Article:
Why diets don’t work in the long-run

For many people, losing weight involves going on some sort of diet. The idea behind diets is to consume fewer calories than you expend, which will lead to weight loss over time.

But the problem with diets is that they cannot produce long-term results alone, unless you maintain that lower calorie count for good. This is because the body adapts to weight loss in ways that you wouldn’t necessarily expect.

The science

We all have a “natural” weight range that we generally regress to, known as the set point. This is affected by our genes, behaviour and environment. If left to its own devices (i.e. with little deliberate input from us), our body will bring us back to or sustain us at that set point through a variety of biological driving factors. Consequently, when we lose weight our body adapts in a way that would predispose us to regain that weight, unless we change our habits.

Warning signals

When we lose a significant amount of body weight, our adipose (fat) stores reduce in size. This means that various signals are sent to our brain – particularly to the hypothalamus, responsible for the regulation of bodily functions. These signals are sent from our fat stores and digestive system, communicating that our energy stores are shrinking and fewer nutrients are available. Our hunger, activity levels and metabolic processes are subsequently altered in order to keep the body stable, by storing and conserving nutrients instead of using them for energy.

Star, Golden, Christmas, Connection

Take leptin as one example, a hormone that influences our appetite. The amount of leptin in our systems depends on the amount of body fat we have. When we lose weight we therefore have less leptin, which in turn makes it harder for the body to detect when we are full .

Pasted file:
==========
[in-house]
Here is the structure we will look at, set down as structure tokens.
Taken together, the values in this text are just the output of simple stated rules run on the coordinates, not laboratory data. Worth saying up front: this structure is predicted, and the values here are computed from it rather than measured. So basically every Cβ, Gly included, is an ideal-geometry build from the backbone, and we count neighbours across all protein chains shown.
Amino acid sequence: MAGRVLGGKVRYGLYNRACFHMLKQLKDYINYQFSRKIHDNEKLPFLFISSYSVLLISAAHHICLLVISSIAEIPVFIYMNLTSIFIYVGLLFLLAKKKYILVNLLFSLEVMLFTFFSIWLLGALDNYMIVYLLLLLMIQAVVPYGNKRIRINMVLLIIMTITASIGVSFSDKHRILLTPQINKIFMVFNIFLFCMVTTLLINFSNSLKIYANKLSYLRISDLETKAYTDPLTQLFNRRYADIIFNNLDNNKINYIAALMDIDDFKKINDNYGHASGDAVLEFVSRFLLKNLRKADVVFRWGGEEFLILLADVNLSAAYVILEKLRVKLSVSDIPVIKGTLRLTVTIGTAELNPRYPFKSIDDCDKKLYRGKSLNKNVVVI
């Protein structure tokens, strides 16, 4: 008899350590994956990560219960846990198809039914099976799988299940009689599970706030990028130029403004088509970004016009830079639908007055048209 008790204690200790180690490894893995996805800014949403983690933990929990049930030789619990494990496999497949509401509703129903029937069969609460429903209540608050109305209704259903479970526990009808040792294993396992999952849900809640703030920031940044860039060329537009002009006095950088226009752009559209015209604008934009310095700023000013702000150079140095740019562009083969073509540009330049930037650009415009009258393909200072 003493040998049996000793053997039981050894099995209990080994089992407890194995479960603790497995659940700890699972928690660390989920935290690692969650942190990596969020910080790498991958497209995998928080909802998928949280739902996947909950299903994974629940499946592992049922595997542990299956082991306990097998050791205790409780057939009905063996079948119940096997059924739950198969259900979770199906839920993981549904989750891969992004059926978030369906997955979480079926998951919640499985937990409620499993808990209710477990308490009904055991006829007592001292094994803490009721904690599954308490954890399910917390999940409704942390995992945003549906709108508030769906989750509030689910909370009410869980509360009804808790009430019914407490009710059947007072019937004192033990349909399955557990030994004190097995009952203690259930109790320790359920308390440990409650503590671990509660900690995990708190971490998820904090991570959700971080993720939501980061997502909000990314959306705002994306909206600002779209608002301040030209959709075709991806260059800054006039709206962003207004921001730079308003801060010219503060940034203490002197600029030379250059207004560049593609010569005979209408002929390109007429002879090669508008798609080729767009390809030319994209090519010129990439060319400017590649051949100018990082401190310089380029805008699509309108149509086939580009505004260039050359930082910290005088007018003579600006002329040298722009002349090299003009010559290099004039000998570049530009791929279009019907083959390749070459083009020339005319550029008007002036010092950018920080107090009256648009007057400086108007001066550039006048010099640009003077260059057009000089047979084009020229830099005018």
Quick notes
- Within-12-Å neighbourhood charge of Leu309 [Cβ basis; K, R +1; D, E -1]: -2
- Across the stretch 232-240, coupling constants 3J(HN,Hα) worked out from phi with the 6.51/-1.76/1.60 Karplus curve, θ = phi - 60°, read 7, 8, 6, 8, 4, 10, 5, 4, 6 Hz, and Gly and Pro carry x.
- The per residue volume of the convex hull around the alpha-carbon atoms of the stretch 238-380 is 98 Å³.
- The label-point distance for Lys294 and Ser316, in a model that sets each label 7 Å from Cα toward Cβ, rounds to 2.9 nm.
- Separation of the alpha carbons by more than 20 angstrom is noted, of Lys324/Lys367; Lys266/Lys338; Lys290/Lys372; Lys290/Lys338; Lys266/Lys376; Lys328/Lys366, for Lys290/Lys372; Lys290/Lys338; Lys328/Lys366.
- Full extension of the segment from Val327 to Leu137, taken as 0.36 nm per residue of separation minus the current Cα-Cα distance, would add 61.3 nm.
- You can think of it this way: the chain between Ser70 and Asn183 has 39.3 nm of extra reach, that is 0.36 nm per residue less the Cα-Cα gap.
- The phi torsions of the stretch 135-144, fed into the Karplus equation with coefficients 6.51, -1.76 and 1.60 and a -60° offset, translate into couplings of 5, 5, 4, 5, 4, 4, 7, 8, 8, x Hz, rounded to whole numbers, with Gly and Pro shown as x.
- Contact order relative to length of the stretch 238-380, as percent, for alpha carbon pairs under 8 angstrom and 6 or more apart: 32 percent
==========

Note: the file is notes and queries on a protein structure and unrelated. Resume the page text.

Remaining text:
This is a natural evolutionary phenomenon, and in the days of the caveman it was instrumental in preventing us from starving. However, it is not just an extreme starvation reaction. It occurs regardless of the weight you started at, and regardless of the state of your body when you finish losing weight.

Lower energy requirements

As our body weight decreases, the energy we require to function at rest and during physical activity also decreases, simply because there is less of us. For this reason, we burn fewer calories in total.

In addition, we burn fewer calories through digestion, because we are eating less. While this particular metabolic activity makes up a very small portion of total daily energy expenditure, it still contributes to the other more significant adaptations that altogether result in a lower metabolic rate.

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For example, let’s say that one particular person would have to consume 2500 calories daily to maintain a weight of 15 stone, and 2100 calories to maintain a weight of 12 stone. [These are just figures I have plucked out of the air for demonstration purposes, and this is a basic scenario!] If that person reduces their weight from 15 to 12 stone through a calorie-controlled diet, and wanted to maintain it that way, they would have to to eat just 2100 calories daily – they could not return to their previous consumption of 2500 calories without regaining the weight.

There is no reset button!

Unfortunately, our appetites do not adjust to suit this lower body weight, and our metabolic rates do not revert back to the way they were at the higher weight. Our “set point” weight is not changed. So unless you are going to indefinitely restrict your calorie intake, dieting isn’t going to get you the results you want.

The extent to which these factors come into play is also affected by genes, so some people will unfortunately find it harder than others to keep the weight off after having lost it.

If you are interested in finding out more, the details are all in the two articles referenced at the bottom of the page (MacLean et al., 2011; Rosenbaum & Leibel, 2010). There are plenty of excellent scientific articles out there, but these are particularly good as they integrate and review the evidence available.

So what’s the alternative?